The Food Bank For New York City is facing a food shortage this holiday season at the same time that demand for its services is spiking, according to its executives.
"Our shelves are empty," said Gregory Boroff, the food bank’s vice president for external relations. "I’ve been here for seven years and I’ve never seen it like this."
December is usually the Food Bank’s best month for cash donations, but this year the 25-year-old organization is feeling the pinch. Food contributions from individuals are roughly 25 percent lower than expected, and direct mailing donations are off by 14 percent. Moreover, at the Food Bank’s Community Kitchen in Harlem, there’s been a roughly 30 percent increase in visitors.
The downturn has been a double whammy: more mouths to feed and fewer donations to feed them with.
Corporations and foundations have tried to step in to fill the breach. Robin Hood, a poverty-fighting nonprofit based in New York, recently offered to match all individual donations two-to-one up to $2 million, for a total of $3 million. That money is specifically earmarked for extra food, above and beyond what’s been budgeted for the fiscal year, which ends in June 2009. Because every dollar donated to the Food Bank generates five meals, the fundraising effort could mean an additional 15 million meals for those in need.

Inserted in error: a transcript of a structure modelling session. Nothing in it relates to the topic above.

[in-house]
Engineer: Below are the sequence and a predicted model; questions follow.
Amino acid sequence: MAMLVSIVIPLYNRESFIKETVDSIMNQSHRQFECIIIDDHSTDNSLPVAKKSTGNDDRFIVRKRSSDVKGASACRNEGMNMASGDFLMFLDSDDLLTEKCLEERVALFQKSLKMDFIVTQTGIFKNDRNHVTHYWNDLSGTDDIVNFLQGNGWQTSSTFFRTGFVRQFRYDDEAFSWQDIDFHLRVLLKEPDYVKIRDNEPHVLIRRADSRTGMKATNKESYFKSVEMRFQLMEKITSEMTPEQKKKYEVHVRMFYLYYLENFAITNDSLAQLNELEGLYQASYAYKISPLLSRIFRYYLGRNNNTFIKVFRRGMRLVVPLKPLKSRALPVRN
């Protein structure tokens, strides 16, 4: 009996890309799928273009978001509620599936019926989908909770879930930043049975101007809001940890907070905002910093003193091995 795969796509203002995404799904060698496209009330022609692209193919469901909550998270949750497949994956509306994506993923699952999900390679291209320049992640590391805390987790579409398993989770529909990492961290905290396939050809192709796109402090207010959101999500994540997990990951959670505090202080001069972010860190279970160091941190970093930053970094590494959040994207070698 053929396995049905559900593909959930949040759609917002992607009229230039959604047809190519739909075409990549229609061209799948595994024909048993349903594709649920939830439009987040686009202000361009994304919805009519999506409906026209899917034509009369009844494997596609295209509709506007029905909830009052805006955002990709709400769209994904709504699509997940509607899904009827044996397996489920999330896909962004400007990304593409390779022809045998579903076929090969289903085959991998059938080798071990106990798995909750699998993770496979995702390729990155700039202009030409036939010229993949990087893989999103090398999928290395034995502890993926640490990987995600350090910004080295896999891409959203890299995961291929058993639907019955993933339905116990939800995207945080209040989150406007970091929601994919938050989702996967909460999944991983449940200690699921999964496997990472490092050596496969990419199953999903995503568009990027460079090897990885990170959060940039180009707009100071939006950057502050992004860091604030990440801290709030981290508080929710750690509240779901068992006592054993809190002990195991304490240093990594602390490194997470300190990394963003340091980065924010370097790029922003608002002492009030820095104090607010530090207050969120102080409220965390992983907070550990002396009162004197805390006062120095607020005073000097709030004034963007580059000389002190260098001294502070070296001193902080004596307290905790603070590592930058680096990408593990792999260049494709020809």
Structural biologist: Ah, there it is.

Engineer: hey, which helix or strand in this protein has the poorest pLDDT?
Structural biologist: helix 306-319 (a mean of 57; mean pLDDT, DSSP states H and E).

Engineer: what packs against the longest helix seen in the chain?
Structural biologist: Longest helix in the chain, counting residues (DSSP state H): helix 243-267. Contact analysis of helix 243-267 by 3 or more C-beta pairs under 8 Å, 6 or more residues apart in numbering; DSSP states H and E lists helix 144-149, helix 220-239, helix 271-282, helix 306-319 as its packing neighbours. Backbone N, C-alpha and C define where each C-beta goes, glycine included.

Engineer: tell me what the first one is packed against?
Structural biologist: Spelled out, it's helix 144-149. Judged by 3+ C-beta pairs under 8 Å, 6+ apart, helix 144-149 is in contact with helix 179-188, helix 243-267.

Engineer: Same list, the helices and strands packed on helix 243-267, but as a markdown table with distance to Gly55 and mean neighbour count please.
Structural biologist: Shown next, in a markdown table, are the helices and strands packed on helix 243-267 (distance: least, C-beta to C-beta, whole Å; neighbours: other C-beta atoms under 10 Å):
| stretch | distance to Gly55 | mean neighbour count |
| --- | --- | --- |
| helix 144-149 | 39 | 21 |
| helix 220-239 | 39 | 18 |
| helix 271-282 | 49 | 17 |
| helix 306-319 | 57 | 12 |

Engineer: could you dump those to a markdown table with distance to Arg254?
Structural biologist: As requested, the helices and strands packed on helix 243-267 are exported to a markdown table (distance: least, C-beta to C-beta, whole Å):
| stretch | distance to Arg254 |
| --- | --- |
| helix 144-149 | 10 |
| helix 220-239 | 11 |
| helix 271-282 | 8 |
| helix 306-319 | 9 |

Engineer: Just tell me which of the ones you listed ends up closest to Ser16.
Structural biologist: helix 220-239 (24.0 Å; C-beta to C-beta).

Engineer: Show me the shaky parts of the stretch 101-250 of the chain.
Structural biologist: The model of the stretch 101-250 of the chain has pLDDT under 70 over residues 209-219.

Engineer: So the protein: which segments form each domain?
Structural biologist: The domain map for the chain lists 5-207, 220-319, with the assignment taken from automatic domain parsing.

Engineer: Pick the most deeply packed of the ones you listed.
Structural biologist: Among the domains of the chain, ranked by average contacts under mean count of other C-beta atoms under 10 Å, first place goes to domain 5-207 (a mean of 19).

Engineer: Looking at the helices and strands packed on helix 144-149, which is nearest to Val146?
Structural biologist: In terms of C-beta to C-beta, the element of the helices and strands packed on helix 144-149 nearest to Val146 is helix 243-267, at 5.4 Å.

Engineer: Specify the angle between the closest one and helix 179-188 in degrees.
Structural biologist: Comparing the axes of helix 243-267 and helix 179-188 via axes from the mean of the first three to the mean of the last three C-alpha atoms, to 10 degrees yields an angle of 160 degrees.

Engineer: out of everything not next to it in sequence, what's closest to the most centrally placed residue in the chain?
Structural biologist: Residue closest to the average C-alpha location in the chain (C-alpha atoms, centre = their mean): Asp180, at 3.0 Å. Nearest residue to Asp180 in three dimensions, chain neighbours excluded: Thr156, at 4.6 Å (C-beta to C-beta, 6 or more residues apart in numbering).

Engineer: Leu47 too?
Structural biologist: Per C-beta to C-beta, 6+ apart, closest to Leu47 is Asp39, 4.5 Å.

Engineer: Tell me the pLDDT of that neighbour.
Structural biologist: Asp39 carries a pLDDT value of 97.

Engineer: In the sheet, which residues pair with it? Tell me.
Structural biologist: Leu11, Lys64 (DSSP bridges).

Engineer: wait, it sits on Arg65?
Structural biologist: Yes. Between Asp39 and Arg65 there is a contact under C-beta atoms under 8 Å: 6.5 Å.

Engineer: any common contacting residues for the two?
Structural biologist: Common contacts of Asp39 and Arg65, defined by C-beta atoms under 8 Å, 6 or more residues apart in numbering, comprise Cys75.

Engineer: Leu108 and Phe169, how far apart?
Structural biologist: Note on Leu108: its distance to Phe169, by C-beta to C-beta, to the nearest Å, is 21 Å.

But that may not be enough: Mr. Boroff said that even though the food bank has no plans to cut services, it needs to raise a total of $9 million in individual donations to make its budget.
The Food Bank has an annual budget of $61 million, according to its 2007 tax filings, and almost 90 percent of donations come in the form of non-cash contributions, which is mostly food. Distributing the more than 60 million pounds of food it collects annually from government, wholesalers, food manufacturers and individuals costs the Food Bank $45 million a year. The food is delivered to more than 1,000 soup kitchens and food pantries scattered throughout all five boroughs.
Just this week, the Food Bank released a report saying that half of New York City residents have trouble affording basic food necessities, more than double the number five years ago. The rise in need isn’t just traceable to the recent crisis, although the massive layoffs on Wall Street haven’t helped much.
"These offices are made up of people that get the mail and clean," Mr. Boroff said. "They’re the people most at risk."
Mr. Boroff also thinks the real impact of the layoffs hasn’t been felt yet. The Food Bank’s report found that a quarter of New Yorkers wouldn’t be able to afford groceries after a sudden loss in income, and that almost half don’t have enough money saved up to last more than three months without a job.
"What’s going to be really interesting to watch is the next few months, when unemployed people are going to be in a really serious situation," he said.
One of Mr. Boroff’s main concerns is that many people in need don’t realize the Food Bank is available to help them. "I picture people looking at a pile of bills and not knowing they can get food assistance," he said.